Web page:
Aspects of Chinese opera and Greek tragedy come together with a modern spin in a new play in a Yale School of Drama student’s new production of a classical tale.
“Alcestis,” the tragic comedy by Euripides, opened to a full house at the University Theatre Tuesday night. The show is an adaptation by Ted Hughes that mixes modern elements with the more traditional Greek style.
“It’s a Greek play written in 1940s English,” said Rosemary Strub, Drama School show administrator. “It’s exciting to see how people are listening and reacting to the text.”
Alec Tok DRA ’03, the director of the play, said while he is not sure whether this modern spin will make the play more accessible to younger generations in particular, he does think the language of the play makes it easier for everyone to understand.
“Its in good, simple, subtle English,” said Tok. “There were people from Iceland, China, and all over the world who loved it. It’s very understandable even for people who don’t speak English very well.”
Tok, a native of Singapore, said he originally wanted to direct a Chinese operatic piece but could not find a good enough translation.
“I almost had a nervous breakdown when I had to choose a play for my thesis,” he said. “But I read the first eight lines of the play and that was it. It appealed to me in an emotional way.”
He added that many aspects of the play are similar to traditional Chinese opera, including the over-the-top characters and the play’s bordering on the melodramatic.
The production preserves the classic ideas of Greek theater — three cast members function as the chorus — but adds in a bit of the absurd with comic relief in the form of the clownish Heracles. Modern language is used and costumes were designed to resemble a 1940s style, to reflect the time period in which Hughes wrote, Strub said.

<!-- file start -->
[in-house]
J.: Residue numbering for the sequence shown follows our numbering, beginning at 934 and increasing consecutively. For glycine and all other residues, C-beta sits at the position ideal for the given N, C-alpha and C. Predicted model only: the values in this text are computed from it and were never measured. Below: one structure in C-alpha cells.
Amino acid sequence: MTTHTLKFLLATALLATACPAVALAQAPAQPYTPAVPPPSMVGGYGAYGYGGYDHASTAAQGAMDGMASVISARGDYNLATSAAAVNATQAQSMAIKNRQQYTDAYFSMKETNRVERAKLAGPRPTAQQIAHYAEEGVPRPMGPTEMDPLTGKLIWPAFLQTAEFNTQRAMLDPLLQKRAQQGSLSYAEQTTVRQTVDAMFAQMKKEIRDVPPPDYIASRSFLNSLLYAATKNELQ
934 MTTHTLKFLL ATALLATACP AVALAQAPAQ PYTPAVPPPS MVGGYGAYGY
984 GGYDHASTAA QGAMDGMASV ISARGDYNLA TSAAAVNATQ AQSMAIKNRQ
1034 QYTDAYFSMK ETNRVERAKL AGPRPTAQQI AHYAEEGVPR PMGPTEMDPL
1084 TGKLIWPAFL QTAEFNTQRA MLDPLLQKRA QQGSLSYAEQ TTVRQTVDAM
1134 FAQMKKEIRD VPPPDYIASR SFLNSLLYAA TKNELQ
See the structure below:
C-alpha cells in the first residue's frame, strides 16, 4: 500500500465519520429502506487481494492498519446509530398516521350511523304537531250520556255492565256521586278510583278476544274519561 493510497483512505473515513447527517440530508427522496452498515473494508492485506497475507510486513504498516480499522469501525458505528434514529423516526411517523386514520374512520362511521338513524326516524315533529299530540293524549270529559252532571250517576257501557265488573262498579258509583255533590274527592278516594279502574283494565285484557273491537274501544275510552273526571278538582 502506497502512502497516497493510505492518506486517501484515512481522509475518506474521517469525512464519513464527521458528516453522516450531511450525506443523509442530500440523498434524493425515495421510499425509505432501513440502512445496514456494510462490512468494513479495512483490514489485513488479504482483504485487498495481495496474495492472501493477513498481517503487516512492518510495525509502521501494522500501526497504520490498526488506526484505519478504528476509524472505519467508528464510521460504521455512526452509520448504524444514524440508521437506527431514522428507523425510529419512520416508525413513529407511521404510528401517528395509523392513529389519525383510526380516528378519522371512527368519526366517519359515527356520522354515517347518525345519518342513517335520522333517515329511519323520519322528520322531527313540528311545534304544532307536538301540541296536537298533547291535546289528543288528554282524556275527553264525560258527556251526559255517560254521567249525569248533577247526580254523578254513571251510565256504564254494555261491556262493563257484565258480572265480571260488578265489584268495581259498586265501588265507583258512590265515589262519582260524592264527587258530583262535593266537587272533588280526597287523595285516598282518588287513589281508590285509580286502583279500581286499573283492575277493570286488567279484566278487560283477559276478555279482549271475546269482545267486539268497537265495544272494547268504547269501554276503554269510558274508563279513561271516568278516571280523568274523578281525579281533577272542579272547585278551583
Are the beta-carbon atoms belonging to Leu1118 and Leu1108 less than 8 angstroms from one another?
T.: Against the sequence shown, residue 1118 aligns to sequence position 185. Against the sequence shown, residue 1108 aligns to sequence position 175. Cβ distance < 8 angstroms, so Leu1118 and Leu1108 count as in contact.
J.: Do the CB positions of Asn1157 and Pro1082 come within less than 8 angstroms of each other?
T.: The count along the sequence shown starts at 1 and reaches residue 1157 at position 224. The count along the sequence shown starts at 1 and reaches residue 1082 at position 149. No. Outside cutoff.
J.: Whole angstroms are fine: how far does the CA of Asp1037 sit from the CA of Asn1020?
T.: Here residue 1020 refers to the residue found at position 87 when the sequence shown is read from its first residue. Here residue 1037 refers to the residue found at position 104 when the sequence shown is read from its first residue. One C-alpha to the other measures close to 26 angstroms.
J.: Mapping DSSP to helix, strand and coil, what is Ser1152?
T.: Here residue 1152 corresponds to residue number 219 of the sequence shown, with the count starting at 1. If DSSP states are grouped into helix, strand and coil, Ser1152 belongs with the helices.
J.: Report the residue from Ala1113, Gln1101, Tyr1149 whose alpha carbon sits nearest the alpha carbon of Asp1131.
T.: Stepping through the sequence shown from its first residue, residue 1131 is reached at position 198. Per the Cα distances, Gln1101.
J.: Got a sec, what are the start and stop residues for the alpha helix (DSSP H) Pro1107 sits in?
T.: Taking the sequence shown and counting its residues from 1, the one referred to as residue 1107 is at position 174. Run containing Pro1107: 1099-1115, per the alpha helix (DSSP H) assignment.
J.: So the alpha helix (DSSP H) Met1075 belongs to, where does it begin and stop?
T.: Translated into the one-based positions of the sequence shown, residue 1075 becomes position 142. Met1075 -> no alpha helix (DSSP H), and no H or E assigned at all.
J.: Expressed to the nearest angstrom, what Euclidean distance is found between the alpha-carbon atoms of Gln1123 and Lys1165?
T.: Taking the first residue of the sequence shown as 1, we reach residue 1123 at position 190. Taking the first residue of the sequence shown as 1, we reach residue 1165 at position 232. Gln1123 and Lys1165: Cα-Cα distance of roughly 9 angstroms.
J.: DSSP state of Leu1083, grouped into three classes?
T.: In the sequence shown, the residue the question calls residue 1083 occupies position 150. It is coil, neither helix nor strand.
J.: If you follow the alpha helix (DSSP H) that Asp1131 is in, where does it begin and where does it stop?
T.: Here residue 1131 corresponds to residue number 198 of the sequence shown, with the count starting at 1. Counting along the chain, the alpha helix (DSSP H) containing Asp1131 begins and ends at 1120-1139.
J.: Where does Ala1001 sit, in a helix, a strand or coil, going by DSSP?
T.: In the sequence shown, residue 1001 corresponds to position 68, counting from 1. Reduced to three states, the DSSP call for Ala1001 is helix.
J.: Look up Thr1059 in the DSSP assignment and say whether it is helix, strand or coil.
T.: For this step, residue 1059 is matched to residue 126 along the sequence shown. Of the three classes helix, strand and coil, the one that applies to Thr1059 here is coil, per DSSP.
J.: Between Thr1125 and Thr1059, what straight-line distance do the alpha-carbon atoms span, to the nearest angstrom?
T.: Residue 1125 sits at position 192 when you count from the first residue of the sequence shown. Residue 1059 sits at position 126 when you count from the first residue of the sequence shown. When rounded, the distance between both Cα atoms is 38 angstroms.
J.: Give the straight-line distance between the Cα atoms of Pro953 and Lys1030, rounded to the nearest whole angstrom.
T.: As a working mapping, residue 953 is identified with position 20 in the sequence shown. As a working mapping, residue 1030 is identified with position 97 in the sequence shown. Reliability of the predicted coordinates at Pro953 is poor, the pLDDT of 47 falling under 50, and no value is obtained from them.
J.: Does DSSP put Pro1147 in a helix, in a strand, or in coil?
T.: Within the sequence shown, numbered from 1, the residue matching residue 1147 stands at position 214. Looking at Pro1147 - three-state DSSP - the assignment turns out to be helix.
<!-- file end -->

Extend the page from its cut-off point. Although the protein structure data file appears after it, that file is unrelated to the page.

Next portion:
The play deals with the heart-wrenching decisions King Admetos must make when he is offered a chance to evade death by arranging to have a family member die early in his place. His wife, the title character, is the only person willing to make that sacrifice. Ideas of love, obligation and selflessness pervade the play, especially those concerning family.
Strub said Hughes’ motivation behind the adaptation of “Alcestis” may have been his grief over the suicide of his wife, the mentally unstable author Sylvia Plath.
“People blamed him for her death because he was sleeping around on her,” she said. “[The play] was his way of dealing with those demons.”
As a third-year student at the Yale School of Drama, Tok was given the opportunity to choose his own project. He said this particular adaptation of the play gave him more freedom to create his own vision for the show.
“It I had done a more known and more done translation, it would have been more colored by previous productions,” he said. “this gave me more of a chance to draft my own draft.”
Victoria Nolan, managing director of the Yale Repertory Theatre and the School of Drama said Tok’s is the first of four productions of the year scheduled to be directed by third-year students.
“The students are so involved with everything,” she said. “It’s a really exciting time around here.”
Performances will run through Nov. 2 and tickets range in price from $15-$18.